• Just showing off was a child doing silly voices making the limelight.

  • And at what point did you realize this could be a career?

  • Well, um, that happened in a strange way because I had some messing around acting, school, acting, university acting That wasn't my subject.

  • And then and then when I left University, because I have decided to go and do another degree at another university of sort of post graduate degree.

  • And during that summer, as I was revving up for that, um, I went to a screening of this strange student film that I had shot while I was at Oxford just for a laugh on Dhe.

  • These agents said you want to be an actor, and I said, Well, I know because I'm going off to do this this m Phil on, But suddenly I thought, actually, maybe just for a year, instead of writing essays, I'll act because I've always liked it, so I I said yes.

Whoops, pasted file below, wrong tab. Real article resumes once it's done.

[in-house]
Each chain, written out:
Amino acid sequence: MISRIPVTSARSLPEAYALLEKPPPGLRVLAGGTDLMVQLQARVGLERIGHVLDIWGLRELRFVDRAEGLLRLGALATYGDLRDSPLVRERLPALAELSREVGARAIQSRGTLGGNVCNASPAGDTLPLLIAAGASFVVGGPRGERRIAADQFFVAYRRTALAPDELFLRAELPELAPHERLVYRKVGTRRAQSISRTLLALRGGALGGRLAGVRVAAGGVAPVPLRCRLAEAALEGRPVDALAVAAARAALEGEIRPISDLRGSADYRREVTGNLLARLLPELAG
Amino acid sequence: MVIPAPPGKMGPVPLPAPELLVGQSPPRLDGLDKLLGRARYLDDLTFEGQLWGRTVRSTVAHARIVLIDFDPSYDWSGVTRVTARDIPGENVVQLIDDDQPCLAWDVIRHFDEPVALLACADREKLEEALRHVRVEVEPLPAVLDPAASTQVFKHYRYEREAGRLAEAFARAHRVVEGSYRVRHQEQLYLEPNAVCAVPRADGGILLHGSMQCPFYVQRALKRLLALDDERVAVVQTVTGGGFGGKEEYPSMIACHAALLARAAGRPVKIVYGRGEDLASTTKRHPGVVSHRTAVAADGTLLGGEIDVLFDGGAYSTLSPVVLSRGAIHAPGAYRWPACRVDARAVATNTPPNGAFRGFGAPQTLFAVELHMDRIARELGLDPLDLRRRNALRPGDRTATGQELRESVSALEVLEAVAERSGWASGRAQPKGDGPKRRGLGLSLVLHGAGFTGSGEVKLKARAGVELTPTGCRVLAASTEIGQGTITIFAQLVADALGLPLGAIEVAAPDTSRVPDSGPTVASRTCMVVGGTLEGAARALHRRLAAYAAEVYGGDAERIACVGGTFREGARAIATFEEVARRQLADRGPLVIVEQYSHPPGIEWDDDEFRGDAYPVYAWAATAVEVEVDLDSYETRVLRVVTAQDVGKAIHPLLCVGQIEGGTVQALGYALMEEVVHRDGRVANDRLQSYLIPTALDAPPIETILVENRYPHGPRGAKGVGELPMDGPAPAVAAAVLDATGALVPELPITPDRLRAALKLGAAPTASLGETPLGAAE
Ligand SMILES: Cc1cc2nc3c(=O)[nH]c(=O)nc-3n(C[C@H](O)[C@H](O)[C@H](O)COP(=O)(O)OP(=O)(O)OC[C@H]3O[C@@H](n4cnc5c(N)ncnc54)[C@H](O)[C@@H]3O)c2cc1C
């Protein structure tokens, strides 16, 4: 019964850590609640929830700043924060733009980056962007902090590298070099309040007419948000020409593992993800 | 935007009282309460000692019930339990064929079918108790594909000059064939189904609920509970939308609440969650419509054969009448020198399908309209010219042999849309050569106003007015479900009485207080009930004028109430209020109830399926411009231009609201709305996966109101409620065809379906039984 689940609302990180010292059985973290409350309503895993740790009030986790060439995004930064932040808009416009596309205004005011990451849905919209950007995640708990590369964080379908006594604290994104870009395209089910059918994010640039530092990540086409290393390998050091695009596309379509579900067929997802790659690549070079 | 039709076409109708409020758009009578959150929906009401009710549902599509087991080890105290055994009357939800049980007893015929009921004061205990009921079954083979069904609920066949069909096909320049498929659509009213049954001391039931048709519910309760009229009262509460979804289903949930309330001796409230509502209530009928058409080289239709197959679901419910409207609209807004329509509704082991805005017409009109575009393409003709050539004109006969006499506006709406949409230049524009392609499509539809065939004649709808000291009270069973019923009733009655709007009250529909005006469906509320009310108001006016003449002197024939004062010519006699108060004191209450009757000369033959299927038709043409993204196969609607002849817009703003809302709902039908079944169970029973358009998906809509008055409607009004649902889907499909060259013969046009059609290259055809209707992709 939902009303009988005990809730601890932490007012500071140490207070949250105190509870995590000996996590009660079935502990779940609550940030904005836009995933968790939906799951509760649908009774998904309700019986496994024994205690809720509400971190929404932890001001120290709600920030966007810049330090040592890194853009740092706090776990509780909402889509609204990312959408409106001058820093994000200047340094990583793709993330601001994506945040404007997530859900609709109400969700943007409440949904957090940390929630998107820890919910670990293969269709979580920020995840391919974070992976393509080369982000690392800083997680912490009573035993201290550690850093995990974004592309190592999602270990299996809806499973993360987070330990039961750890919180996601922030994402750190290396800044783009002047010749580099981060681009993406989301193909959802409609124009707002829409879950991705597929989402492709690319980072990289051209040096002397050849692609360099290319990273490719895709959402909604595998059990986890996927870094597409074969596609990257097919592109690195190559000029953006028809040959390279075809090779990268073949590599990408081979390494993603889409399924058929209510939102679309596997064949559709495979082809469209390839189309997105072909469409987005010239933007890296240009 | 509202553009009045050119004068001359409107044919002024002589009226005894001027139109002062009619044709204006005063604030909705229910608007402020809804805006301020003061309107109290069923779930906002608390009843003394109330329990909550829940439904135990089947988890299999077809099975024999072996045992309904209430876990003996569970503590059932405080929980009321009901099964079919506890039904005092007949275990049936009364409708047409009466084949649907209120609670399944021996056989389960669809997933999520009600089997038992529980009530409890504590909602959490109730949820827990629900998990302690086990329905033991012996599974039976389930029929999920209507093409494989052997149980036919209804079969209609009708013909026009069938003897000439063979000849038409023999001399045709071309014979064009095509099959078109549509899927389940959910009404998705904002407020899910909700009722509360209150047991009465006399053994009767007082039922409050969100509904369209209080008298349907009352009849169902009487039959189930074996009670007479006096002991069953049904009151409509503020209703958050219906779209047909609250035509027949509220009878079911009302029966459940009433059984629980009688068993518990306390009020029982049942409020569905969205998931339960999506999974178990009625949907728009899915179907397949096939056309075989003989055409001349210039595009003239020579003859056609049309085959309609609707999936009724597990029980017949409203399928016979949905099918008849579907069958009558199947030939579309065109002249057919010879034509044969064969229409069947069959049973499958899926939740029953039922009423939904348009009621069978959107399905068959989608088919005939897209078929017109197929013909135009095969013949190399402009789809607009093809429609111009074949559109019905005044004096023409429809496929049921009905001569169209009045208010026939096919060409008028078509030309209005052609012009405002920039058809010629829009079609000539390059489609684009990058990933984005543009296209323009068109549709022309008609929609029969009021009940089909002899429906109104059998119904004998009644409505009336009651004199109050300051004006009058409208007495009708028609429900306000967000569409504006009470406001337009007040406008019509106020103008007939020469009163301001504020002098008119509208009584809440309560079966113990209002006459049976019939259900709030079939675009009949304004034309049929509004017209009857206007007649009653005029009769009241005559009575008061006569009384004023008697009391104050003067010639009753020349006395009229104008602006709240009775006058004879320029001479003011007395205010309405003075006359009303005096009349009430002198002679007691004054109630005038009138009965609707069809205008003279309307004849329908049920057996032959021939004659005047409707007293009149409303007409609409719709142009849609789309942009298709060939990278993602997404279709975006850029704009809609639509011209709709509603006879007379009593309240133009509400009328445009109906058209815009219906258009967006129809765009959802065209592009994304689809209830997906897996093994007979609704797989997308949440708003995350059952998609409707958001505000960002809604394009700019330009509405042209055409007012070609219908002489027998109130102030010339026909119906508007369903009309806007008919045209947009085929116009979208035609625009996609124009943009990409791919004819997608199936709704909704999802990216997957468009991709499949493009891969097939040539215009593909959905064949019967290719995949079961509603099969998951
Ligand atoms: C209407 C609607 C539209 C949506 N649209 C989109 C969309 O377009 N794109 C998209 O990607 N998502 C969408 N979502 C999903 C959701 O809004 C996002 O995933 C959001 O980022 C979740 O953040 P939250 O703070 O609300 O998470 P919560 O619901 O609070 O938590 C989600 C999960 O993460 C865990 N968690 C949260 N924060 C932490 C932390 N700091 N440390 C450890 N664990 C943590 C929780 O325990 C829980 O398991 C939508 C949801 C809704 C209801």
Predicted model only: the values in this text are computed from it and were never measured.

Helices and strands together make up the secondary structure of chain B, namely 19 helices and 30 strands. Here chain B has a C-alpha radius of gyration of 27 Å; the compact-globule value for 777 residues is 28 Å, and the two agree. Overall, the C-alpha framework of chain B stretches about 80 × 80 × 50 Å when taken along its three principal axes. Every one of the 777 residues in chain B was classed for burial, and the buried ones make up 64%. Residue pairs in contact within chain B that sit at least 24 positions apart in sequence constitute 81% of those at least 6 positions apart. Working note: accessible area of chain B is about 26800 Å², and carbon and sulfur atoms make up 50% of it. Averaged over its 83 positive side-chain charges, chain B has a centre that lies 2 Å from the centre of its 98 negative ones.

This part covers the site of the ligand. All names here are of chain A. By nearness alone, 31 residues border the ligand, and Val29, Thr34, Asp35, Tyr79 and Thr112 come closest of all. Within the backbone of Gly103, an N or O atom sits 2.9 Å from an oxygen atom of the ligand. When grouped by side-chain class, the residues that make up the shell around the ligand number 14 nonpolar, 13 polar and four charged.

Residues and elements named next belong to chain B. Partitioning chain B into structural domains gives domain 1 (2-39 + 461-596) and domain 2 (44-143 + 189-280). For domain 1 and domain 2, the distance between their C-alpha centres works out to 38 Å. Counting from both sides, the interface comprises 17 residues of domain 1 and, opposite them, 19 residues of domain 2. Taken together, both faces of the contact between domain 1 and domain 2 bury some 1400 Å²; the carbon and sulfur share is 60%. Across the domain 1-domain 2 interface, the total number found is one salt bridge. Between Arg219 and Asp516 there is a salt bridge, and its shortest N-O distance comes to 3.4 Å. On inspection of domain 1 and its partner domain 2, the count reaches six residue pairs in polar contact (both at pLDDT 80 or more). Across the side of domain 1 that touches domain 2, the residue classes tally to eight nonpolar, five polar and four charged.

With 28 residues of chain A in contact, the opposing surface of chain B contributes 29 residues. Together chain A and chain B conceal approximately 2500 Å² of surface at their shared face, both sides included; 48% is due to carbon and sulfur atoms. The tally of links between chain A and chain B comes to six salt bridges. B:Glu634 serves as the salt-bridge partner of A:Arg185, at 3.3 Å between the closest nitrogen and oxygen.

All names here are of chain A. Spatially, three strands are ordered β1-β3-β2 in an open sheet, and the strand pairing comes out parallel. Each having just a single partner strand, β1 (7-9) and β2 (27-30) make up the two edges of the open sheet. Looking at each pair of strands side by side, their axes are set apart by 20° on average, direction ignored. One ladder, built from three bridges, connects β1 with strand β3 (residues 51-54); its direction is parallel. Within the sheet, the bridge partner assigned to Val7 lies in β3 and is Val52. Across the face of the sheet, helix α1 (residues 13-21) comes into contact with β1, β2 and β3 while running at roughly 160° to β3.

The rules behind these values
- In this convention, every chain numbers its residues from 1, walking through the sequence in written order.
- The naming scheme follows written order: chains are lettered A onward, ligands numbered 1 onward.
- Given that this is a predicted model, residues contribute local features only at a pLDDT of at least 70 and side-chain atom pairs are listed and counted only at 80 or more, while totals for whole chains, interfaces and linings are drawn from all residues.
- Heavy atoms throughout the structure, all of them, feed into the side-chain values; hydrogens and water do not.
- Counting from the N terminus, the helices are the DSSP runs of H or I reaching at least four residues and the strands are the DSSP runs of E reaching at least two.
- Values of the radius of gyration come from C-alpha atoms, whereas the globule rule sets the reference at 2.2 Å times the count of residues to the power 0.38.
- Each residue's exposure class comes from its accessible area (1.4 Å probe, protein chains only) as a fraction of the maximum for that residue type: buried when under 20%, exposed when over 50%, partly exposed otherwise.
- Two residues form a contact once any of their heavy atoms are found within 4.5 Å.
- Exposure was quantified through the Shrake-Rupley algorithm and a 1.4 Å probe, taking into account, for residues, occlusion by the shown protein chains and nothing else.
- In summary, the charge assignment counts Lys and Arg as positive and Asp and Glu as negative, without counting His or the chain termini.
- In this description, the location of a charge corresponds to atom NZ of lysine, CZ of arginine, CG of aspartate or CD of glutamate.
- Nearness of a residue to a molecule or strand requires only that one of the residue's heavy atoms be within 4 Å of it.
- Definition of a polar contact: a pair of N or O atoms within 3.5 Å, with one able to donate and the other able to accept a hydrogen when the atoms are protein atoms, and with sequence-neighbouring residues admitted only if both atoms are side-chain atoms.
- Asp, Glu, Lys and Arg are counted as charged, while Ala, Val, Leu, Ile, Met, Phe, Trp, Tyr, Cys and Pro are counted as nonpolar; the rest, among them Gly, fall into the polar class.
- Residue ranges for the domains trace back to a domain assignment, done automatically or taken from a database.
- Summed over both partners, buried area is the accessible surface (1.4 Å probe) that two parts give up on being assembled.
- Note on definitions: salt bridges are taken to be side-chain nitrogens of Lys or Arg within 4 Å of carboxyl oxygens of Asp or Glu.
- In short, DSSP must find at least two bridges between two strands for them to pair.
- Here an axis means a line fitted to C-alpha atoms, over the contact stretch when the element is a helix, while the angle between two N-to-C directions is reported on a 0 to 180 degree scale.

• On DA on Dim.

  • Edie it Lee.

  • It was costing a film, actually, for the mutiny on the bounty with Mel Gibson.

  • You were in there?

  • Well, no, I wish I had that.

  • I was a nice part.

  • Very exciting.

  • You know that age Suddenly it was gonna be 20 weeks in Tahiti what seemed like a Ford shooting in terms of money.

  • And ah, And then in those days in England, if you weren't already a member of the Union Equity, you couldn't do a film.

  • You had to go and earn your equity card doing regional theater, and so they wouldn't let me do the film.

  • In the end, on dso, I thought, Well, okay, I'll go and get a bloody equity card.

  • So I went off to Nottingham Playhouse and played tree in wind shouting present.